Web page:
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Thread: Martin OM Style Acoustic Guitar

  1. #16
    Join Date
    Jul 2012
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    Punta Gorda, FL
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    I've been working on bending the sides. I'm not a happy camper. This Stew Mac bending iron takes forever to heat up. Over an hour to get above 200 degrees!

    The first piece was too thick. That's on me. The second piece I brought down to .085". I managed to get the waist bent in about 20 minutes. Then I moved to the lower bout. Fifteen minutes of trying to get it to bend and nothing! So I checked the temp of the iron and it was between 120-130 degrees. 30 minutes ago I walked away to let the iron heat back up. I just checked it and it's at 165. This is nuts! Maybe I need the 480V version.

    I just emailed Watlow for a price on their heating blankets...
    “Travel is fatal to prejudice, bigotry, and narrow-mindedness..." - Mark Twain

    Diapers and Politicians need to be changed often... Usually for the same reason.

  2. #17
    Join Date
    Jul 2012
    Location
    Punta Gorda, FL
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    2,026
    The second test piece went better


    Until I let sunlight rake across it


    So I scraped and sanded


    And shot it with some nitro


    Not too bad
    “Travel is fatal to prejudice, bigotry, and narrow-mindedness..." - Mark Twain

    Diapers and Politicians need to be changed often... Usually for the same reason.

  3. #18
    Julie - that looks much better. I cannot imagine the learning curve...it must be very steep. I applaud your effort.

  4. #19
    Join Date
    Jul 2012
    Location
    Punta Gorda, FL
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    Quote Originally Posted by John Redford View Post
    Julie - that looks much better. I cannot imagine the learning curve...it must be very steep. I applaud your effort.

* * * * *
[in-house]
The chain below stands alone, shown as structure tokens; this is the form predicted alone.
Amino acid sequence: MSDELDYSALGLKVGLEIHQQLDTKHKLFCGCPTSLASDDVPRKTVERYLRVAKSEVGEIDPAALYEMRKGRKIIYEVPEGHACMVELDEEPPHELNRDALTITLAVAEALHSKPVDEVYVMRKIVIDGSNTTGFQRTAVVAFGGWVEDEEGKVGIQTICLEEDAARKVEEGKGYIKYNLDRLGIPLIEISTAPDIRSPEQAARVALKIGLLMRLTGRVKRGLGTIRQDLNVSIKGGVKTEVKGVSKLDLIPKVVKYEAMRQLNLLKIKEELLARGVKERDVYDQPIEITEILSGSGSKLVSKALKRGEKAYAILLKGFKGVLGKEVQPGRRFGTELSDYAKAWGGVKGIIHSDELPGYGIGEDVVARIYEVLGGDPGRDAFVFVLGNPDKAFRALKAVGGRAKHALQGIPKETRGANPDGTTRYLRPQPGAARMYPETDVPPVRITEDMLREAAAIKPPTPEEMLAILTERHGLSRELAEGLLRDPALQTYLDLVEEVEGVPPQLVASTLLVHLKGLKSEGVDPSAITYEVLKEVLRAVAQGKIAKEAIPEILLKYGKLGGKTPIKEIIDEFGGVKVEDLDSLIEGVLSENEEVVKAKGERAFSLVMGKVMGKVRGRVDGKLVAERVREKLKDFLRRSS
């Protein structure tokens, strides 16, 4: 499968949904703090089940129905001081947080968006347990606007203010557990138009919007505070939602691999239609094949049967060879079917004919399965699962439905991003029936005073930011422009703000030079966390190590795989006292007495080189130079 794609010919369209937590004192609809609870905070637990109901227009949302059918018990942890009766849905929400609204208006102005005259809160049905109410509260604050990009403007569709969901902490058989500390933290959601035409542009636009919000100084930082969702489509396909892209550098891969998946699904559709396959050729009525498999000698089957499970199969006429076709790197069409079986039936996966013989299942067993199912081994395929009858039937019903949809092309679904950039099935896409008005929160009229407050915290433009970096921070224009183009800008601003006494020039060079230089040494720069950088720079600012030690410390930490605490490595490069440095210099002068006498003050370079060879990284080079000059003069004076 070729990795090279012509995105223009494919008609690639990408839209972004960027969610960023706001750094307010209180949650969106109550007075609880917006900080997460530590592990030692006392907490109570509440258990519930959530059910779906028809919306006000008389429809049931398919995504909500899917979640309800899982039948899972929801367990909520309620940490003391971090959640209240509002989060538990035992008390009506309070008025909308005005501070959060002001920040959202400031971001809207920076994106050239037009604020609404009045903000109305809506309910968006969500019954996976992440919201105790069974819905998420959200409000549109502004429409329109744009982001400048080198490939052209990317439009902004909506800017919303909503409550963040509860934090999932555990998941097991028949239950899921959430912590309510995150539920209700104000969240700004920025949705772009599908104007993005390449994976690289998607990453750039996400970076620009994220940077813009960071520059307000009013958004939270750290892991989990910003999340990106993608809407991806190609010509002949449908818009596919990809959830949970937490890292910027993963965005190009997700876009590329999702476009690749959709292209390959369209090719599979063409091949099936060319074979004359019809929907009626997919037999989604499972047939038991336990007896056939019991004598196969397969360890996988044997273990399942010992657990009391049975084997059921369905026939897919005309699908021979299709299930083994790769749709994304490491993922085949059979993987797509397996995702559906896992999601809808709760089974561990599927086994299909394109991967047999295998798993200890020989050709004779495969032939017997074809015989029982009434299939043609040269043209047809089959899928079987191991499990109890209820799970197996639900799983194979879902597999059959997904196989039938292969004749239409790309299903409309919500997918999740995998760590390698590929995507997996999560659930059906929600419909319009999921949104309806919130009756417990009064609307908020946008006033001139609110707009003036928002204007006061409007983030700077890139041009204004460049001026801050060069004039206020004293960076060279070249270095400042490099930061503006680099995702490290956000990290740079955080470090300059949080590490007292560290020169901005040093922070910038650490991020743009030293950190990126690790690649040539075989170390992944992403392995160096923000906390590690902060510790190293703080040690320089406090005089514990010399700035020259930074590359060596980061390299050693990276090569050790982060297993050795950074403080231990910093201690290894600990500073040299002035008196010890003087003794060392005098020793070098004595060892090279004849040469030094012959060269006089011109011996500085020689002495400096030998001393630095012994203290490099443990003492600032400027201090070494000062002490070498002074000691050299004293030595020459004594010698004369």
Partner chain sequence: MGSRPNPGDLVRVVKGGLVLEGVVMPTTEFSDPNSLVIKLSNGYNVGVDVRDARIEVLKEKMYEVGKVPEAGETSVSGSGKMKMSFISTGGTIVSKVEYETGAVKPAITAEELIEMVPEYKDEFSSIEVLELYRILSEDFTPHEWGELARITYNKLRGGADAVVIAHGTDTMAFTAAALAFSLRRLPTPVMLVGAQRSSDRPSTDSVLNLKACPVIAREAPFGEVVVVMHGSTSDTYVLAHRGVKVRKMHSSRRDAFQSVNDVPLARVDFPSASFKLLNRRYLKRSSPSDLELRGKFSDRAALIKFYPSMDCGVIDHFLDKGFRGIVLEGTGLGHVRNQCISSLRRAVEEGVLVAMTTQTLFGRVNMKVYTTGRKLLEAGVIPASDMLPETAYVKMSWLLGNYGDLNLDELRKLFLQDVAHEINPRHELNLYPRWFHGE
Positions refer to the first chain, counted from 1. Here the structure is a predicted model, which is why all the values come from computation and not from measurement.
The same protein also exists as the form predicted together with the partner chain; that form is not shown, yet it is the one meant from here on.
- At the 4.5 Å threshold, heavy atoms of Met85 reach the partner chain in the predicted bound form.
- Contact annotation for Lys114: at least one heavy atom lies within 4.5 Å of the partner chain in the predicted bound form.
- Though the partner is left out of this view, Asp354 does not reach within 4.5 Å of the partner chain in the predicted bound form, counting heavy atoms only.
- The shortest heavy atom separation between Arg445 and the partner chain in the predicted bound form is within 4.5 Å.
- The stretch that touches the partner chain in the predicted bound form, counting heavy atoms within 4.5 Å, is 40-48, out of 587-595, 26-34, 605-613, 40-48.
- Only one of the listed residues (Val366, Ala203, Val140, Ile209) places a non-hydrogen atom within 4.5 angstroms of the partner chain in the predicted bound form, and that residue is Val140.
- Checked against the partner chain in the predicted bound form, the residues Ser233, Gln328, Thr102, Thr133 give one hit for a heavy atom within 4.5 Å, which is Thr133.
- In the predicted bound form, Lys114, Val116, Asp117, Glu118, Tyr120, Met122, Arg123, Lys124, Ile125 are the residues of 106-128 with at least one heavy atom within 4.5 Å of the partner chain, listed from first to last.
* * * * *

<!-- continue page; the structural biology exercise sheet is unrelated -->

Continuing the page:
Actually John, I think I made it sound worse than it really is. I spent a lot of time fretting over the rippling wood and failed to go back to the books I have to see what I may have been doing wrong. But looking back, I think the most important step is getting to know how the wood responds to heat and moisture. I've read some luthiers soak the wood in a trough. If you did that with sipo, you'd ruin it. I've found sipo to be very sensitive to moisture.

    Yesterday I bent two book-matched sides successfully and I'm ready to move forward. I referred to the Cumpiano book, Guitarmaking, and picked up a tip to spritz the wood only on the side facing the iron. On another forum, some were suggesting to spritz it on both sides and that didn't work for me.

    By the second half I developed a technique:

    1. Use a wet rag on the iron to bend the waist. The waist is the tightest bend and the only part of the bending where the good wood faces the iron so the rag both helps keep the wood wet and prevents the iron from scorching the wood. As the water evaporates, move the rag to keep steaming the wood.
    2. Spritz the inside of the piece and begin bending the upper bout. As the steaming stops, spritz again. As you progress, check the progress against a template.
    3. Repeat #2 on the lower bout.
    4. Once the piece is properly bent, put it in a form and let it sit, under pressure, overnight.

    The first half I did yesterday took me a little over an hour, mostly because I was stingy with spritzing. The second half took about 20 minutes. I didn't notice any rippling.


    “Travel is fatal to prejudice, bigotry, and narrow-mindedness..." - Mark Twain

    Diapers and Politicians need to be changed often... Usually for the same reason.

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